Metro may partner with private companies to speed up two big Measure M projects

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Thanks to the voter-approved Measure M sales tax initiative, Los Angeles County will see its transit network grow immensely over the coming decades. Now, Metro is considering partnering with private companies to get some of the projects funded by Measure M dollars up and running ahead of schedule.

The agency announced Wednesday it would review four unsolicited proposals for public-private partnerships aimed at delivering two projects ahead of schedule. Those two projects—the West Santa Ana Branch Transit Corridor and Sepulveda Pass Transit Corridor—could have tremendous impact on travel through the region.

The West Santa Ana Branch project will provide a light rail link between Union Station and Artesia (the name comes from the old streetcar route it follows, not its final destination), connecting Downtown LA to much of the southeastern region of the county. The latter project will add an express lane on the 405 and a subway route under the Sepulveda Pass.

Metro is reviewing two proposals for each project. Pitches for the West Santa Ana Branch Transit Corridor came from construction firms Skanska USA and Kiewit Infrastructure. Parsons Transportation Group and Cintra US Services proposed partnerships for the Sepulveda Pass project.


A map of Measure M projects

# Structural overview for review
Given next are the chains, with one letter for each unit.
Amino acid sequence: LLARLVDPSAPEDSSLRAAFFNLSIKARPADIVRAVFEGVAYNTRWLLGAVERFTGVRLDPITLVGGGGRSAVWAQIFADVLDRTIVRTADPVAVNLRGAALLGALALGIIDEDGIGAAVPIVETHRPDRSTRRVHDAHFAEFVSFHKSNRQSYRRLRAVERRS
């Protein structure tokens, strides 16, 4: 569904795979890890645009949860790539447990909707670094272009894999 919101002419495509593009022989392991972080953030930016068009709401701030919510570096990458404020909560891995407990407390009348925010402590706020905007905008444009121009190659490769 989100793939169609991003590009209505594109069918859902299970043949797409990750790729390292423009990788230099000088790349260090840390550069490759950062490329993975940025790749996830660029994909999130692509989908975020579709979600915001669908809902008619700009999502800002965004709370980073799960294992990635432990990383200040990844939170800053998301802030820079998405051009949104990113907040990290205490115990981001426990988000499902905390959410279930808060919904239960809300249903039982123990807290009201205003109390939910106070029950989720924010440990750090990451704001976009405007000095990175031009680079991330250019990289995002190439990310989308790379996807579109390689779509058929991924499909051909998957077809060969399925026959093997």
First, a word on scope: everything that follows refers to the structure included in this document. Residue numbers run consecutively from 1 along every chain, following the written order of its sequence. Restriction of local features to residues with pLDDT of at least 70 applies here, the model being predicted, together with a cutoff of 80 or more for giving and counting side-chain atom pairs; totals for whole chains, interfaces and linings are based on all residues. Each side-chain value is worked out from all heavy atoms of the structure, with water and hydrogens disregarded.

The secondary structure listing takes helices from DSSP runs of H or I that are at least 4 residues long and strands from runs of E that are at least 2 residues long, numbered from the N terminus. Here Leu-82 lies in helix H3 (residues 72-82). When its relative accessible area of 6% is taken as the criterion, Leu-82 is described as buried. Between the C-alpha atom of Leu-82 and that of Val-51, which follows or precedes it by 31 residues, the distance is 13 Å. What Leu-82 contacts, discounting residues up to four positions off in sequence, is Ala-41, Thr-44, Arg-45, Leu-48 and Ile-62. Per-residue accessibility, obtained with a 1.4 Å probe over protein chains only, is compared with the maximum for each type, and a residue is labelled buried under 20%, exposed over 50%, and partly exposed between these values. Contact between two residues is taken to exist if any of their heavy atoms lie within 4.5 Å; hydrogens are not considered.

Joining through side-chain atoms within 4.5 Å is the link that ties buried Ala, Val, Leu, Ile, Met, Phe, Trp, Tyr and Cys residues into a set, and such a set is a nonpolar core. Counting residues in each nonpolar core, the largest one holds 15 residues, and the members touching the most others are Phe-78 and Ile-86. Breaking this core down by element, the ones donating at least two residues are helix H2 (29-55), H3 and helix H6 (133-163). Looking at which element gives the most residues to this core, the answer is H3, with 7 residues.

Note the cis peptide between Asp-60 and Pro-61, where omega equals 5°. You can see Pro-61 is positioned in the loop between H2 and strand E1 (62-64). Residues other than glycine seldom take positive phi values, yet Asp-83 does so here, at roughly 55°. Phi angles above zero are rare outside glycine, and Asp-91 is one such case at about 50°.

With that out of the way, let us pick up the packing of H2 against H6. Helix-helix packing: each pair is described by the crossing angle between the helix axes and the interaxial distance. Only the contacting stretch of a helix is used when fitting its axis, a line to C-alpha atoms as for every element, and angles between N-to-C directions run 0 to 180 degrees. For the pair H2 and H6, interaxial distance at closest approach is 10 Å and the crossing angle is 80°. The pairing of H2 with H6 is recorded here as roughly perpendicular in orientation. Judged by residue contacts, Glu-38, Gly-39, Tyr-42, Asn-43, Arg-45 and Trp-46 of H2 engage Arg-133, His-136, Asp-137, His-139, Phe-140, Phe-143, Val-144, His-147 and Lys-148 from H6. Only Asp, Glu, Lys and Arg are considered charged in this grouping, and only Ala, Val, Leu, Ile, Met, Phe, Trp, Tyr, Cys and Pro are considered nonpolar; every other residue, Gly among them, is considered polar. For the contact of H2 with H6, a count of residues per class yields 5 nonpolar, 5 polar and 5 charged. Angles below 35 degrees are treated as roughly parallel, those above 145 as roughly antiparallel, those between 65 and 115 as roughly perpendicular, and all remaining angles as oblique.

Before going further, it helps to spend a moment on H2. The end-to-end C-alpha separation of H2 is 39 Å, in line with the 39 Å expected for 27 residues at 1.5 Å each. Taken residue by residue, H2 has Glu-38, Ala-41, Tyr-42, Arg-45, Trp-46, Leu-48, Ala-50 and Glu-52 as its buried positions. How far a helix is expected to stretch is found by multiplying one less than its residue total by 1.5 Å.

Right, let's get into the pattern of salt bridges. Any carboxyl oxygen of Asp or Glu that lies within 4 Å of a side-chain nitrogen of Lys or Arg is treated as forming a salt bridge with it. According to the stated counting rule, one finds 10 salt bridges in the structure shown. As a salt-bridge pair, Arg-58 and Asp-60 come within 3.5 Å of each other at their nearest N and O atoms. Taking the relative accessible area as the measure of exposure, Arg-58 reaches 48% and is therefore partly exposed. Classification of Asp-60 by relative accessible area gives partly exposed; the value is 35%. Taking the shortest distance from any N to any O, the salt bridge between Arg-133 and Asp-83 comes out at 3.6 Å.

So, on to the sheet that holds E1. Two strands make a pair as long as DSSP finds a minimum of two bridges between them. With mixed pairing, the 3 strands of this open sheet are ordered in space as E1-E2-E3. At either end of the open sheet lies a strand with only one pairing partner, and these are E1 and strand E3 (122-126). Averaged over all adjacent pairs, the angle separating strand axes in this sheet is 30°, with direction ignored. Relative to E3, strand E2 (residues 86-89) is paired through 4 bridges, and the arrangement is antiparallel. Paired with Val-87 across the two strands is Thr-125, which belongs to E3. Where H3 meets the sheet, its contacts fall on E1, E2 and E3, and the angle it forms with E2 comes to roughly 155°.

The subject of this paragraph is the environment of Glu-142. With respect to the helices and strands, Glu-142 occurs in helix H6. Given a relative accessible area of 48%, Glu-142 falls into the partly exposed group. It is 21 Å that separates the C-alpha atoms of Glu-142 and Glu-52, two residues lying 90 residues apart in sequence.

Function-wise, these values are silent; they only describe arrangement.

Courtesy Adam Linder (infinite3ent@gmail.com)

The proposals could accelerate construction on the projects considerably, with a press release from county supervisor Janice Hahn, who reps the southeast region, noting that proposals for the West Santa Ana Branch Transit Corridor would speed up the project by 14 to 15 years.

According to the current Measure M project schedule, the line wouldn’t be finished until 2041.

Metro has been courting public-private partnerships for the past few years, and has already received at least eight proposals for Measure M projects. These partnerships could also help fund future projects, such as an express train to LAX that Metro CEO Phil Washington recently announced the agency could look into constructing in the future.

Washington has pushed to find private investments. At a conference in 2015, he said: “They have capital … I believe that the private sector is willing to invest in transportation infrastructure – with a reasonable return, of course … Fiscal discipline must become the norm: partnering with the private sector and not being so prescriptive. I believe that government is too prescriptive in their design specifications and in everything else. I want to be able to evaluate creativity in submittals.”

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